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Ellie - St. Paul, Minnesota

Ellie at her first dedication. Ellie is our first child. I was so excited when we became pregnant with her. I am the oldest of seven children and Ellie is the first grandchild (first of many, we hope).

Everyone in my family was jumping for joy when I announced that my husband and I were expecting. My pregnancy was completely uneventful until close to the end. Around the 36th week I had a follow-up ultrasound. At that appointment, they discovered that I had low amniotic fluid.

My midwife agreed to follow me closely, to allow me time to finish my second year of law school, since Ellie did not appear to be in any distress. Over the next two weeks, the fluid level did not resolve itself, so on May 14th, 2002, my husband and I were sent to the hospital to have Ellie induced.

Two LONG days later, she made her appearance. I was exhausted from a prolonged and unproductive labor, followed by a failed vacuum extraction and then a c-section. Even though I was exhausted, I will never forget hearing Ellie's first cries, and then the doctor's voice telling my husband and me, "Your daughter has a birth defect." All I can remember after that was my husband's shocked response, "OK."

The pediatricians that saw Ellie in the hospital did not know very much about limb differences, and so our early questions about what caused Ellie's hand difference and what could be done to help her went unanswered. But, that did not matter much! We needed to learn how to take care of this beautiful little girl that was miraculously entrusted to us. We stumbled through the first several months, adjusting to becoming new parents, and beginning to look for a hand specialist who could help us to understand Ellie's diagnosis.

We finally found an excellent orthopedic surgeon who impressed us immediately with her competence, her confidence, and her swift diagnosis and plan for Ellie. Ellie had the first of three reconstructive surgeries on her hand in December 2002. The surgery improved the web space between her thumb and the rest of her hand, and moved a bone from the left side of her hand into the middle, to improve her grasping function.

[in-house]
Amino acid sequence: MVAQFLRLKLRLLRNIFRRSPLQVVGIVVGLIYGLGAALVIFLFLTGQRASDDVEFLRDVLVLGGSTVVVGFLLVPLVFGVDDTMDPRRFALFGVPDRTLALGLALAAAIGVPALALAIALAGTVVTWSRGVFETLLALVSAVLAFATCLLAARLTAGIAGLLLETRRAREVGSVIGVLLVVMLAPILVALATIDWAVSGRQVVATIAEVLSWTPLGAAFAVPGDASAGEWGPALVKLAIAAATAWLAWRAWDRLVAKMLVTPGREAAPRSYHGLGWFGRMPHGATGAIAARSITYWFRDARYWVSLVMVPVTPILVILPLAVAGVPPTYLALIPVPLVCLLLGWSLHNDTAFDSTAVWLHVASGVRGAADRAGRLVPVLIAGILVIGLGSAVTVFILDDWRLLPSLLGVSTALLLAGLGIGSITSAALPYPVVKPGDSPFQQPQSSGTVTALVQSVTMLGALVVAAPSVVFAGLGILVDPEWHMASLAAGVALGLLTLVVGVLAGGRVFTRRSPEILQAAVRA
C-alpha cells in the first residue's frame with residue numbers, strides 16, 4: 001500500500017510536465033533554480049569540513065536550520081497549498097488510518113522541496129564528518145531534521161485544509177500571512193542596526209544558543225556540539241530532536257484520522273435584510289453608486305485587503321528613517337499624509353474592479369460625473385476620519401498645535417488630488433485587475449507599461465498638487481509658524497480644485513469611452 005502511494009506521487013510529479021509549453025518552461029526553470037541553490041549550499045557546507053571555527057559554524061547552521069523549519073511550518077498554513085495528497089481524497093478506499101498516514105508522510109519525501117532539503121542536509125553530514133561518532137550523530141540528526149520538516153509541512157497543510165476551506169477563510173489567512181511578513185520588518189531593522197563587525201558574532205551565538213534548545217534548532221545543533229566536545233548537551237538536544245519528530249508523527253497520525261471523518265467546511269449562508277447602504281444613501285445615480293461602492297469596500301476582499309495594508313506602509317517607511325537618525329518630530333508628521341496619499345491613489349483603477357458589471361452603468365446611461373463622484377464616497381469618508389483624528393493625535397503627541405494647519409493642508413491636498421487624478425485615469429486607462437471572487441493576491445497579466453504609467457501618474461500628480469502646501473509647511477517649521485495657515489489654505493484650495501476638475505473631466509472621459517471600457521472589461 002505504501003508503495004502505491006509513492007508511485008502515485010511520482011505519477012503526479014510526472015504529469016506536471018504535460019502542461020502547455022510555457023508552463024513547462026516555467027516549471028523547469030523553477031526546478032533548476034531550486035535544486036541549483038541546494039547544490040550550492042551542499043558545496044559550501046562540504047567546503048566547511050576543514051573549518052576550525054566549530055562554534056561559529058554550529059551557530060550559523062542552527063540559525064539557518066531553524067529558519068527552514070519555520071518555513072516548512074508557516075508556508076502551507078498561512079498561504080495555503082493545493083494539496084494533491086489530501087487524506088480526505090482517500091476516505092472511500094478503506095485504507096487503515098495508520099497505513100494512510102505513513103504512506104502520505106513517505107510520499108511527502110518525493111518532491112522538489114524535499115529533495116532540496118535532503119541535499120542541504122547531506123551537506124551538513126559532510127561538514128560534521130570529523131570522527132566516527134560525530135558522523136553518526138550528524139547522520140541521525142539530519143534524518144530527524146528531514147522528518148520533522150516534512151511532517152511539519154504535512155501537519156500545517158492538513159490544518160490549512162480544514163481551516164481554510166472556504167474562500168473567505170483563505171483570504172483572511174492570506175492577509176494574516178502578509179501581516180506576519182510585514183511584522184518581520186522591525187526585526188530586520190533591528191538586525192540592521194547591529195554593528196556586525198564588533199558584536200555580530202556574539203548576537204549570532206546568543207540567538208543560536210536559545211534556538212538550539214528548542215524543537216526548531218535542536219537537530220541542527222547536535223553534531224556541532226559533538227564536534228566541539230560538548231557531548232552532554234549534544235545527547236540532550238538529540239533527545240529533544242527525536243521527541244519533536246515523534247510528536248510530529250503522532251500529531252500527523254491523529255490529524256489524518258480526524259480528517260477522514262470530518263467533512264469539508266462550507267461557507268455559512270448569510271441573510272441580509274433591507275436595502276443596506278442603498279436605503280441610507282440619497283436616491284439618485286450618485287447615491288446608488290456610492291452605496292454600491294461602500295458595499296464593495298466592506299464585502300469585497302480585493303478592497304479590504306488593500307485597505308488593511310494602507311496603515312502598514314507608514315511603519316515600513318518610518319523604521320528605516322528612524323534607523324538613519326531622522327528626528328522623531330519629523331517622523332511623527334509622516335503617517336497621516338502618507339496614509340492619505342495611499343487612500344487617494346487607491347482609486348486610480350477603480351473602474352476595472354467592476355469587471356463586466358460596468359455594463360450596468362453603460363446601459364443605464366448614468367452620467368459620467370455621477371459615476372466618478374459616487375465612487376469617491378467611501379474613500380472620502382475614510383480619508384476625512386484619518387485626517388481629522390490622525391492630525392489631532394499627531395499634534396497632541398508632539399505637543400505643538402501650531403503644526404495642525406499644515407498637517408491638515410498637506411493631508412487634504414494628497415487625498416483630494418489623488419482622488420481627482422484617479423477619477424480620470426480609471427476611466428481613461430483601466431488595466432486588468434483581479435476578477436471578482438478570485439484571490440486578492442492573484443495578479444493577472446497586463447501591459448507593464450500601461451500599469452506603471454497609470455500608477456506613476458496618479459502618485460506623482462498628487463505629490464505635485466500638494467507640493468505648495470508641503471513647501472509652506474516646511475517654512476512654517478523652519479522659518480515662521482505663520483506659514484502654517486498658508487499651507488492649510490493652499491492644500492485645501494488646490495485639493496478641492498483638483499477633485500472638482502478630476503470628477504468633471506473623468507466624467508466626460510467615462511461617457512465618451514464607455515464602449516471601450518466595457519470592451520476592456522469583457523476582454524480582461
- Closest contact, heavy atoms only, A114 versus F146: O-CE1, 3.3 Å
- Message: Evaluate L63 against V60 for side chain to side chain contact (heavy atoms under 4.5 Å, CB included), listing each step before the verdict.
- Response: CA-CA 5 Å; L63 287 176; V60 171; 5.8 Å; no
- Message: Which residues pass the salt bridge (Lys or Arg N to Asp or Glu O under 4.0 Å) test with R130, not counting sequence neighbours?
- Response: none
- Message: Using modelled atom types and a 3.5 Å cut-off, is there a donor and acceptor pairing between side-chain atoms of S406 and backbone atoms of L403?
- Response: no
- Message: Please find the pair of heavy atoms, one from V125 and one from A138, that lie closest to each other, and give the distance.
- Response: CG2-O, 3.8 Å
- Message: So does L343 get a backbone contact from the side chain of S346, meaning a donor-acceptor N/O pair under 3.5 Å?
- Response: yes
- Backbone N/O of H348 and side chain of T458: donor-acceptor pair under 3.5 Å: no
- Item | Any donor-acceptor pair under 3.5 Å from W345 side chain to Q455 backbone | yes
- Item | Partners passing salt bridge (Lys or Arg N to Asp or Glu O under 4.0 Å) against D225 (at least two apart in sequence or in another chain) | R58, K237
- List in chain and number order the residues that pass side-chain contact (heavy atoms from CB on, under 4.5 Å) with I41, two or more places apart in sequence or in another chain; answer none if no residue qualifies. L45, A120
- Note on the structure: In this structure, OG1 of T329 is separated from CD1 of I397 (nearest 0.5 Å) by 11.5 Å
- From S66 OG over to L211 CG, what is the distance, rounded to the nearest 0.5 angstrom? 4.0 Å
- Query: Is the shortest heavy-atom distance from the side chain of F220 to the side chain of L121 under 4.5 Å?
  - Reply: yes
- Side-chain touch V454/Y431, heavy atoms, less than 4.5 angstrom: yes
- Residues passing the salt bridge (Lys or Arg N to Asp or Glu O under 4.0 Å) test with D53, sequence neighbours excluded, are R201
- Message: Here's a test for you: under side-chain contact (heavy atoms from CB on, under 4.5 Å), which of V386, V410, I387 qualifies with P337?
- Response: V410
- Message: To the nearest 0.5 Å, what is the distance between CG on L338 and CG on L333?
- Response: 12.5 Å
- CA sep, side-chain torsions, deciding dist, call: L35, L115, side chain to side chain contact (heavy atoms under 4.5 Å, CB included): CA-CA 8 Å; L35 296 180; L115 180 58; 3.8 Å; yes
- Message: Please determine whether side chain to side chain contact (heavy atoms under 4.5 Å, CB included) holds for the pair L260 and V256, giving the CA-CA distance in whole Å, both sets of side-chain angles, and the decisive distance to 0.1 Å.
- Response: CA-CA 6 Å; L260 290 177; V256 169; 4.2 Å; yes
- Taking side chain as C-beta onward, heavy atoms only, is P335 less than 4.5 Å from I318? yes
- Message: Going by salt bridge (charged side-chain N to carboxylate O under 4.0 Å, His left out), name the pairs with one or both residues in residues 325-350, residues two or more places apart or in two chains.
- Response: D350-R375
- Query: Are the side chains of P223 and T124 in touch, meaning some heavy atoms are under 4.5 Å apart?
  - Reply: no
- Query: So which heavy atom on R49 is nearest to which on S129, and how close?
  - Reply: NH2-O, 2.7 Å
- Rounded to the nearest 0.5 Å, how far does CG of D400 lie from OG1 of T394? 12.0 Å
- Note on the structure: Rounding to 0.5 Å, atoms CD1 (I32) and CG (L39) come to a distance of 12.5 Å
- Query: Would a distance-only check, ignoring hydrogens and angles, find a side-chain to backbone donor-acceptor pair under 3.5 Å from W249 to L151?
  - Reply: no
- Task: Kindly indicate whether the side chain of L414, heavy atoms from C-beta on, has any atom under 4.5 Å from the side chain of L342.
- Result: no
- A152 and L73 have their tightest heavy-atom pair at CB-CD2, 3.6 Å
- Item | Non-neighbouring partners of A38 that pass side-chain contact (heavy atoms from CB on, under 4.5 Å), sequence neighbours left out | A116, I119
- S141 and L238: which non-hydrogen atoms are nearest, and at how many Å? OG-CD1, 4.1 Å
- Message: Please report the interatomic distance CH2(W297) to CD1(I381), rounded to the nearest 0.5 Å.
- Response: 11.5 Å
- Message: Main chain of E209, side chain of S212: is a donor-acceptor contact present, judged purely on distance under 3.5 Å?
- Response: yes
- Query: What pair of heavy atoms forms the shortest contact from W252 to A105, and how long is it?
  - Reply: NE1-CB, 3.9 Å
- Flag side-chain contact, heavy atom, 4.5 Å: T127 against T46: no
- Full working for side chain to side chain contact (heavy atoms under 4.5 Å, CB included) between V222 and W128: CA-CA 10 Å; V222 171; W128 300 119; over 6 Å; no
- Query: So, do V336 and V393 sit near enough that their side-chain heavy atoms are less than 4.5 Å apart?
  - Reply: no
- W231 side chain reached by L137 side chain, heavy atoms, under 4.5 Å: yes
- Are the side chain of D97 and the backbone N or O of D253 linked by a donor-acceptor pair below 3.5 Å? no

The surgery was a big success. The casts that she was in afterwards, however, were not! She wriggled out of 4 casts total, necessitating three trips to the emergency room to be recasted (one on Christmas morning!). Ellie is now under the care of a very nice physical therapist, who gives us great suggestions for how Ellie can improve the function of her hand.

"Bean" with her mother, Peggy.

Ellie is doing extremely well. She just turned one, and she is walking, babbling, and playing like anything. There is little she can't do with her left hand. She can grasp cheerios and peas and feed herself with them. She can't lift heavy things with her left hand alone, but she uses it as a helper hand. It is second nature to her.

I am so proud of her, and I think that she is the most beautiful and wonderful baby ever. But I guess every mother does! I know that challenges lay ahead both for Ellie and for us. I hope that we can equip her to remain a confident, outgoing girl who considers her body a blessing and who thinks that she is perfect just the way she is.

To communicate with Ellie, you may contact her parents by email.

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